Though a full grown male can grow to be 720 kilograms (1600 pounds), polar bear cubs start life at only about 454-680 grams (16-24 ounces). Twins and single births are the most common litter sizes, though triplets do occur less frequently, and quadruplets happen on rare occasion. The first month of the cub’s life are pretty helpless, as their eyes are closed, their fur is too short to keep them warm for long periods of time without their mother, and they are not able to move with any speed or agility. After two weeks, the cub’s ears open and pink skin on the paws and snout begin to turn black.
The Toronto Zoo celebrated the birth of a male polar bear cub on November 9, 2013. He was one of three in the litter, but his brothers sadly passed away within 48 hours of birth, despite getting care from the mother. When the staff noticed the health of the remaining cub declining, the difficult decision was made to separate the three-day-old cub from his mother and was admitted to the zoo’s Wildlife Health Centre (WHC) where he could receive more advanced care for the first three months of his life.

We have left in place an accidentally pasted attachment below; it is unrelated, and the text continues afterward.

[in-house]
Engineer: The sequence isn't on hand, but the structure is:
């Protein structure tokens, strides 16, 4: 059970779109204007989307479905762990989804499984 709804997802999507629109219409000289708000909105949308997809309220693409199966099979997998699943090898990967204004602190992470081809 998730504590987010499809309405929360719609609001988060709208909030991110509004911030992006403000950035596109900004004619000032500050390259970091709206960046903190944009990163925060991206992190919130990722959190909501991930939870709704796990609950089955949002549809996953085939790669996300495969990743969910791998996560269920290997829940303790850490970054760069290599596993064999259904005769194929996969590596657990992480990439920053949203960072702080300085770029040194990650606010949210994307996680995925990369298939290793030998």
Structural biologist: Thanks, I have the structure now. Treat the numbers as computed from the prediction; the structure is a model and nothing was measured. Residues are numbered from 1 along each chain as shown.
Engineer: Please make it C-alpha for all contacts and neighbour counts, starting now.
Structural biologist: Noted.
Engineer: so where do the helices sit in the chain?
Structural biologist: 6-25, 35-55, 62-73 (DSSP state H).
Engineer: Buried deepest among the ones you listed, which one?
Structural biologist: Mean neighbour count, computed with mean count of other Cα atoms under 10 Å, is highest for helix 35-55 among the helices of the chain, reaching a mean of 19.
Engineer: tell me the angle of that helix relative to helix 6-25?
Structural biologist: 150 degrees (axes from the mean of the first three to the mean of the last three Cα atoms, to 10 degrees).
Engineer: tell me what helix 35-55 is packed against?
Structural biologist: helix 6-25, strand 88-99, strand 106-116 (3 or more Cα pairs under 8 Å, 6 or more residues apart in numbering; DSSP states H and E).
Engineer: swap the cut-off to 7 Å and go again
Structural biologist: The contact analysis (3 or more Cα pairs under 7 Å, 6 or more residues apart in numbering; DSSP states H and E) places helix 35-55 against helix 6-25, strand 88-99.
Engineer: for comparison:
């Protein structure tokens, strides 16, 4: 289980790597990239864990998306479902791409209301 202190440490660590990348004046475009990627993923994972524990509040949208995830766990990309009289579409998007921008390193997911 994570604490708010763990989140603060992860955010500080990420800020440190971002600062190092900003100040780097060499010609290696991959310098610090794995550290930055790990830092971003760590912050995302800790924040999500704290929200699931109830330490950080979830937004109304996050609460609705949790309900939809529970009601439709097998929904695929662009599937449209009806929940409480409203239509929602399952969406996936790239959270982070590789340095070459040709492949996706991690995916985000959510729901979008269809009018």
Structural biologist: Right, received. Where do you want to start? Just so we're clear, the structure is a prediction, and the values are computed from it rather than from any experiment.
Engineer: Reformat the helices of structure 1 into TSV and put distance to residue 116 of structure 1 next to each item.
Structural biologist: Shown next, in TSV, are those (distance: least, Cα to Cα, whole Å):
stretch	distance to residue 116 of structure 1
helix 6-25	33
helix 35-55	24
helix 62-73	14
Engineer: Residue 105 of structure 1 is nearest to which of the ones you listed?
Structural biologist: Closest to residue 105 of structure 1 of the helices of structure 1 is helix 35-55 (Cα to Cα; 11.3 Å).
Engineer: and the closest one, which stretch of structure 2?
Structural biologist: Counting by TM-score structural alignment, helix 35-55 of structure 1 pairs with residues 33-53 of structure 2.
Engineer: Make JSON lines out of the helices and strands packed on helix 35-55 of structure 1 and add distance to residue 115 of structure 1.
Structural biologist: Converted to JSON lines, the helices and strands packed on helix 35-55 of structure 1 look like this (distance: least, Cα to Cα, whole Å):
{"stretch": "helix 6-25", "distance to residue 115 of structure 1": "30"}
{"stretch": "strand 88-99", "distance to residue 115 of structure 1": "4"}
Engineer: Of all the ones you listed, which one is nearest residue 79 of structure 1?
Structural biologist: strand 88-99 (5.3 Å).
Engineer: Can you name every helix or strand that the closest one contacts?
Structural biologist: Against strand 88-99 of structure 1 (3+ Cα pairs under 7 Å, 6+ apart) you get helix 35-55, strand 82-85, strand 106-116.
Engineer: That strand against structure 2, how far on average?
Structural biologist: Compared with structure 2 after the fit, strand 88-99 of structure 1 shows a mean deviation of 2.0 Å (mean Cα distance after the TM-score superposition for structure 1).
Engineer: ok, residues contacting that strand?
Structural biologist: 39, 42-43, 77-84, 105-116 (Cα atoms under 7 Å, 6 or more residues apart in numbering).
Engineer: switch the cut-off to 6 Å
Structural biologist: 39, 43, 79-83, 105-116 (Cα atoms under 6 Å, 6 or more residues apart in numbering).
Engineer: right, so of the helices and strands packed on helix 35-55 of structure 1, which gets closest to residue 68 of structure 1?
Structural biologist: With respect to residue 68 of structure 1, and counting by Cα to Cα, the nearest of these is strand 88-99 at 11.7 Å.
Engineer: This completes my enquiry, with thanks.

Though the little guy is not completely out of the woods and still requires plenty of care, he has been been making considerable progress. He has been feeding about seven times per day, allowing him to increase his strength. His coat has been growing in thicker and he has been hitting milestones right on target. Polar bear cubs typically require care from their mother for the first 28 months of life, but the zoo has not announced what they plan to do after the cub is over 3 months old and does not require the extensive day-to-day care of the WHC. The cub will not be reunited with his father, as male polar bears are solitary animals and will kill cubs, even their own.
Last week, the Toronto Zoo released a video of this polar bear cub taking his first steps at 58 days old. Learning to walk is no easy task and you can hear him cry out in frustration, but it is seriously adorable. Check it out here: